Lee    Will Win: Breaking Bad. It’d be preposterous to think there’s actually any competition in this category, when the just-about-perfect Breaking Bad just completed a final season for the ages. The contenders are kind of lightweights: Downton Abbey continues its fade; Game of Thrones is driven by cliff-hangery intrigue, rather than any kind of transcendent excellence; House of Cards is an inexplicable plot painted in distracting, high-production gold. Mad Men​, meanwhile, was great, but this wasn’t its last season, so the show will have to wait a year before they take this (and most other) categories. True Detective sits in a strong second-place, even if it’s technically a miniseries, but it too was less than the sum of its gussied-up potential parts.

Should Win: Breaking Bad is the one that knocks.



Weinman    Will Win: Julia Louis-Dreyfus, Veep. Kind of a no-brainer. A show beloved by Academy types, starring one of the great comic actresses of TV, and unlike Orange is the New Black or Nurse Jackie or Girls, it’s definitely a comedy.

Should Win: Amy Poehler, Parks & Recreation. The show may be past its prime, but Poehler’s skill always keeps it watchable, and her character, while similar to Dreyfus’s, is more grounded and real.

Lee    Will Win: Julia Louis-Dreyfus is the engine of Veep, and that’s a show that is now, three seasons in, firing on all cylinders. Plus, the Academy was pretty fond of that little Seinfeld show. Make it back-to-backs for Selina Meyer.

Who Should Win: It’s kind of wild to think that Amy Poehler has won nothing for her amazing work on Parks and Recreation, and while the show’s quality has no doubt slipped as it enters its seventh season—and it would be somewhat unfortunate to reward that—it would be a shame for Poehler not to be recognized at some point by the Academy. Now, with the show heading into its final season, would be better than never, which feels possible since P&R lacks the pedigree that would inspire end-of-series victory-lap awards (as 30 Rock did).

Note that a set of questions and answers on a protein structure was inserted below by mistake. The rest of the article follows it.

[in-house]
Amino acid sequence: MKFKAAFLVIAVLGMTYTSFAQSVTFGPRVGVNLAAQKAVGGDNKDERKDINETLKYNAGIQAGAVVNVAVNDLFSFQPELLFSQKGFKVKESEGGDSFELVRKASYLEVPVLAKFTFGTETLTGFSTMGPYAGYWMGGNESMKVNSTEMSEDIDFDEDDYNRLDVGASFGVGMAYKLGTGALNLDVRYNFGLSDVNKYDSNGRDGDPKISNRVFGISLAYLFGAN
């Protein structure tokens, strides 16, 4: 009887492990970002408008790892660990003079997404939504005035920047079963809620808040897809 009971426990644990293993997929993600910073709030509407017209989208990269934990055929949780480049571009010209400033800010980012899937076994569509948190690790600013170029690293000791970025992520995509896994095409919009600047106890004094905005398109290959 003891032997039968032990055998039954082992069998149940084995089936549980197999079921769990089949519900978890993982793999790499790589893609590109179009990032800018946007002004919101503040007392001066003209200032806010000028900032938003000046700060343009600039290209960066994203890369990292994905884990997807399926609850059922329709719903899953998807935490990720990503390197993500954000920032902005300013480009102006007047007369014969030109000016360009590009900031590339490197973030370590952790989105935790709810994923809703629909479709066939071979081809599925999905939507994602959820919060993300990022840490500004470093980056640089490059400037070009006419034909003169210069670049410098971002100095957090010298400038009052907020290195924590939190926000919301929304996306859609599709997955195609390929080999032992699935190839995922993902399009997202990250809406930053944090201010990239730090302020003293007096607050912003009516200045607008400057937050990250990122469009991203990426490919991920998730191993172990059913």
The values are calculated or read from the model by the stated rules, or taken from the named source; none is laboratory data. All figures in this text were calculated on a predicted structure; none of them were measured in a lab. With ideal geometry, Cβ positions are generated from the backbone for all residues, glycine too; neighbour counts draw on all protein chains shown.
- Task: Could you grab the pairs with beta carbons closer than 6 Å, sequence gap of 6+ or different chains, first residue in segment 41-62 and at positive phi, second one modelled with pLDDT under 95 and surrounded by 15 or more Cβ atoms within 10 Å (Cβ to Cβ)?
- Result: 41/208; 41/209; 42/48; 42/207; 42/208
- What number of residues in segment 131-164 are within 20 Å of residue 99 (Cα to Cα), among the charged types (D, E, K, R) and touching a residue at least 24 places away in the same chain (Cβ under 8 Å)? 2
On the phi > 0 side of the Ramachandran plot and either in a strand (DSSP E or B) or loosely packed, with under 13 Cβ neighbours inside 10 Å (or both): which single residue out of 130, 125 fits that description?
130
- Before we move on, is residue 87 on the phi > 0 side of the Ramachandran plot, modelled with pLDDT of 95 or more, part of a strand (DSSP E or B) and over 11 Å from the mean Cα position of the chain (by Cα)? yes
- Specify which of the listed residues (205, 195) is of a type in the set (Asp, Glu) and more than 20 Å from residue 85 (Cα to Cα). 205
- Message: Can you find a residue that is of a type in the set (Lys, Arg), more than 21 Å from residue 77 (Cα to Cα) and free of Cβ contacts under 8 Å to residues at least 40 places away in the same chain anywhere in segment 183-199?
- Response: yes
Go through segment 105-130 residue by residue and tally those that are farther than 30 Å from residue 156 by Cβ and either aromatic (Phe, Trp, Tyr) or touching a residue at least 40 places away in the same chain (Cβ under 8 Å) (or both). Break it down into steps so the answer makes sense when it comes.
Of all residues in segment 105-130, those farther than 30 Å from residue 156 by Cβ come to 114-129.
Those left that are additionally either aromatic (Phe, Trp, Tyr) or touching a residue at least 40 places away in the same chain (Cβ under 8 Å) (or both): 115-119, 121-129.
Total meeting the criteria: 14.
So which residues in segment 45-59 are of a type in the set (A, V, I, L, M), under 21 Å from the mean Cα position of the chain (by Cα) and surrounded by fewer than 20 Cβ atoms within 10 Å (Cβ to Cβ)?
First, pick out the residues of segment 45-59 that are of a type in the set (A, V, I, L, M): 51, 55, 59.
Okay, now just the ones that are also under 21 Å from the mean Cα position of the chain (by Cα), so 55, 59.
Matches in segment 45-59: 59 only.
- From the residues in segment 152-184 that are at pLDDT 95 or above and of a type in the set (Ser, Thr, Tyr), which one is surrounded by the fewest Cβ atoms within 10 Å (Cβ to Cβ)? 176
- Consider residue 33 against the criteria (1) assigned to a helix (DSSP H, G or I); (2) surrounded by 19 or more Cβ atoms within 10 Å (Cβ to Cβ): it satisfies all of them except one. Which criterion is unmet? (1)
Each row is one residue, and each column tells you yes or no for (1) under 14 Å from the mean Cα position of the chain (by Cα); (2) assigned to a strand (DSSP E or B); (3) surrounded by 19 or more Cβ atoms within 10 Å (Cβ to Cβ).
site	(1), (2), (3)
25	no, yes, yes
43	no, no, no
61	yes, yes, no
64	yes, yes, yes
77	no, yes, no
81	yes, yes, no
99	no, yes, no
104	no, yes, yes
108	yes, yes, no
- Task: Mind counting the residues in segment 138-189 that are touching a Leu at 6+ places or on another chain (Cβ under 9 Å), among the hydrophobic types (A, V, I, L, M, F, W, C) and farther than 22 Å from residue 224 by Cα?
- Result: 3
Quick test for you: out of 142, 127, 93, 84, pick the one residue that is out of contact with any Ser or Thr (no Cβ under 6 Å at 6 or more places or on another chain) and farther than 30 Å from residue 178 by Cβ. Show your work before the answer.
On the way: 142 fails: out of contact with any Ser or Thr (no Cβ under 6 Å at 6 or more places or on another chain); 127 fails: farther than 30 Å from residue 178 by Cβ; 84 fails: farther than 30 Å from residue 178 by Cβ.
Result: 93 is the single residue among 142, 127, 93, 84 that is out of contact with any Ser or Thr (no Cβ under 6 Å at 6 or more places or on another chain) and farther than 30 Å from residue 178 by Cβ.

Weinman    Will Win: Claire Danes, Homeland. Probably the Academy has the highest percentage of people who remember that Homeland is still on, and Danes is still playing the kind of role that impresses them.

Should Win: Lizzy Caplan, Masters of Sex. Caplan has built an impressively unusual career for someone who could have been (and deliberately chose not to be) a conventional TV lead. Like most period dramas, Masters of Sex may be a little inclined to pat itself on the back about the past’s inferiority to the present, but it’s still an impressive achievement and Caplan’s Virginia Johnson is one of the best roles for a woman on a cable drama.

Lee    Will Win: Without Kerry Washington, Scandal is a merely an overwrought production with facile cliffhangers and overdone conspiracy-laden plotlines. But the show was 200 per cent more cliffhanger-y this season, and her performance (though often one-note) in the series by the apparently unimpeachable Shonda Rhimes is constantly buzzworthy. Two-time winner and reigning champ Claire Danes remains a threat in this category, but let’s be real—Homeland these days is an inexplicable mess.

Should Win: Julianna Margulies has presided over what’s undeniably the best season of The Good Wife, a show that not enough people are talking about, despite the massively heart-wrenching plot twist and its transition from legal procedural into a poor man’s Mad Men where a lot more stuff happens.


Weinman    Will Win: Jim Parsons, The Big Bang Theory. He always wins. And the competition this year is pretty weak, with few actors who are really playing comic parts; no Alec Baldwins this time around.